The one thing popular American cinema has run on for over a century is the trend. More than genre, whatever’s been popular the last few years is what gets made in Hollywood. This is what causes the otherwise inexplicable “dual movie” phenomenon: Deep Impact and Armageddon; Red Eye and Flightplan; White House Down and Olympus Has Fallen; Dr. Strangelove and Fail Safe; Antz and A Bug’s Life; and all three farmer wife movies that came out in 1984 (Sissy Spacek won the Oscar). Hollywood really is a “small town,” and because these films spend years in development, a near simultaneous release of two remarkably similar movies is no stranger than the ripple effect on highway traffic when someone’s crashed miles ahead.
But what’s the trend now? When was the last time two heavily promoted major motion pictures came out within a week of each other? What about a month? A year? The “White House is under attack” movies were a decade ago. The only “trend” that exists in popular cinema today isn’t a trend at all, but a genre: the superhero movie. 2023’s event movies—Barbie, Oppenheimer, Sound of Freedom, The Super Mario Bros. Movie—recall a pre-MCU film world where stars came and went but genre remained the same. The commercial tentpole, the epic biopic, the controversial sleeper hit, and the hugely profitable animated kids’ movie flourished when Marvel’s neutered gallery of heroes clogged up theaters, sent too many people to streaming, and denuded what was left of a struggling film industry that still hasn’t adapted to digital production.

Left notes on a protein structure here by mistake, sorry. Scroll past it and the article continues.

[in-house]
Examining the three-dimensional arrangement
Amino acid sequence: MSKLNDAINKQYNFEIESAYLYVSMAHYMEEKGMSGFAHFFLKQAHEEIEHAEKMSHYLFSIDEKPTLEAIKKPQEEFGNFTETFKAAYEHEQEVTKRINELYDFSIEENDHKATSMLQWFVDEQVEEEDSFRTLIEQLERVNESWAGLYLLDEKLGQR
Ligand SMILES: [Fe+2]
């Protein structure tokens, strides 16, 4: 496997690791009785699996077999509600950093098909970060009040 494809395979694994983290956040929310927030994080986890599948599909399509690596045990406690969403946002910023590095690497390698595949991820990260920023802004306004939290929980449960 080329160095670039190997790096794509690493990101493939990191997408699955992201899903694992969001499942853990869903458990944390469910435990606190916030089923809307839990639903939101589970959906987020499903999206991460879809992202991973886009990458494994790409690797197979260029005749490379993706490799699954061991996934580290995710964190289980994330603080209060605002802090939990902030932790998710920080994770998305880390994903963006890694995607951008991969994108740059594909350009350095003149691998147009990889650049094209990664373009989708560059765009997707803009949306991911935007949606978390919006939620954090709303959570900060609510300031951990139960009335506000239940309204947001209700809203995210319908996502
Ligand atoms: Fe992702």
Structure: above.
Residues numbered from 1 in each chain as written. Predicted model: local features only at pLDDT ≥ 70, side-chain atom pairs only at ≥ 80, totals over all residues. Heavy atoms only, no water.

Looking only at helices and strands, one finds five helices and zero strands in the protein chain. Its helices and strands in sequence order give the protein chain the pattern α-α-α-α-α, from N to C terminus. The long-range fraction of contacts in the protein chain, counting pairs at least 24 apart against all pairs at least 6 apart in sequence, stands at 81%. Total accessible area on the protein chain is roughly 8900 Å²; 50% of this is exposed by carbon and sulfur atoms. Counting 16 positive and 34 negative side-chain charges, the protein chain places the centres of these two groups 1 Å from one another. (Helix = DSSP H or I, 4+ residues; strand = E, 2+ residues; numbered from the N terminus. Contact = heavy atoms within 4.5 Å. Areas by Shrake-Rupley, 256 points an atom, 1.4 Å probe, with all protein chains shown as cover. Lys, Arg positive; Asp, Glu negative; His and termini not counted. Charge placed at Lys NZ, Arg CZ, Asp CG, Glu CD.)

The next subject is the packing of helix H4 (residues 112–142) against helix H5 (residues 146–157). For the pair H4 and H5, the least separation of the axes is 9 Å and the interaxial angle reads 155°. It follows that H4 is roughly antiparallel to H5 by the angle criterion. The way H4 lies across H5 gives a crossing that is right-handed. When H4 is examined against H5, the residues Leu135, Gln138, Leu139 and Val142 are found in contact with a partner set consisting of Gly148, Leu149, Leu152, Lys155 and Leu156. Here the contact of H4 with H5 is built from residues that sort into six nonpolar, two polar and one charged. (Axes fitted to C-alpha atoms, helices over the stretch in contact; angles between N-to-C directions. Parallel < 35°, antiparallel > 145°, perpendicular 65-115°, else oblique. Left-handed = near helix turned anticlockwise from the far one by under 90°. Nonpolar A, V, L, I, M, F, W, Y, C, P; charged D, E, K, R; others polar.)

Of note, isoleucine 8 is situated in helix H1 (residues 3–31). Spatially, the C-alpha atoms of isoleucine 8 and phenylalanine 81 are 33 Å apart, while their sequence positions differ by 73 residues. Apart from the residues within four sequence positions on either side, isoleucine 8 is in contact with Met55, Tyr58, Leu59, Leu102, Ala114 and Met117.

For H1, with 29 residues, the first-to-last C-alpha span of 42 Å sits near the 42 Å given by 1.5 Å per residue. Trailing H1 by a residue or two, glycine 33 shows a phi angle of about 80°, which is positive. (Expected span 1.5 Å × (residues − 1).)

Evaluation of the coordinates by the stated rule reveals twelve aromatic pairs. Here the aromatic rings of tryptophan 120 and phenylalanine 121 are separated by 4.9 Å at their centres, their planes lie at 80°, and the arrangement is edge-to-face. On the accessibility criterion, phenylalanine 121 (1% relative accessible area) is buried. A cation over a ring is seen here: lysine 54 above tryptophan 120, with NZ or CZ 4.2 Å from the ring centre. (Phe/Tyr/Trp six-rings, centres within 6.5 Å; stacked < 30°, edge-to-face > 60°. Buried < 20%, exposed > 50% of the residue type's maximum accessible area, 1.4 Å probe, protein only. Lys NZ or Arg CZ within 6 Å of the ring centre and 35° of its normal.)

While I was writing this, someone texted, “Why are movies so bad now?” Besides social atomization, a diffuse verging on schizophrenic pop culture without any center, and an ever-dwindling economy, the process of lighting for film took a lot more time and almost always looks better. DV features in the 2000s were varied: a masterpiece (Bamboozled), fantastic (Dancer in the Dark), great (Collateral), very good (Inland Empire), decent (Tape), and awful (most mumblecore). But their low budgets and small crews were a selling point, the medium’s imperfections emphasized and fetishized. I don’t like most mumblecore movies, but all of them were trying something new, another part of film history, a new wave in American cinema in the mid-2000s. Even if I didn’t like it, it was proof of a healthy film culture.
There’s no creativity in today’s popular cinema. Revisiting American theatrical releases from the 2000s, I’m reminded of stuff like Date Movie and Epic Movie that I once brushed off just as I avoid joining TikTok today. And watching them for the first time in 2023, it’s even more depressing seeing how much more in tune with contemporary pop culture these films were than anything in theaters today. Barbie is six years too late, Christopher Nolan’s triumph is yet another period piece from a “modern master,” but Sound of Freedom could be the conservative Fahrenheit 9/11, which I doubt many Republicans saw in 2004 before voting for Bush, just as Jim Caviezel’s independent right-wing hit will never be fully covered on MSNBC or CNN.
If the MCU does fade away, trends will return to movies, only because they have to.
—Follow Nicky Smith on Twitter: @nickyotissmith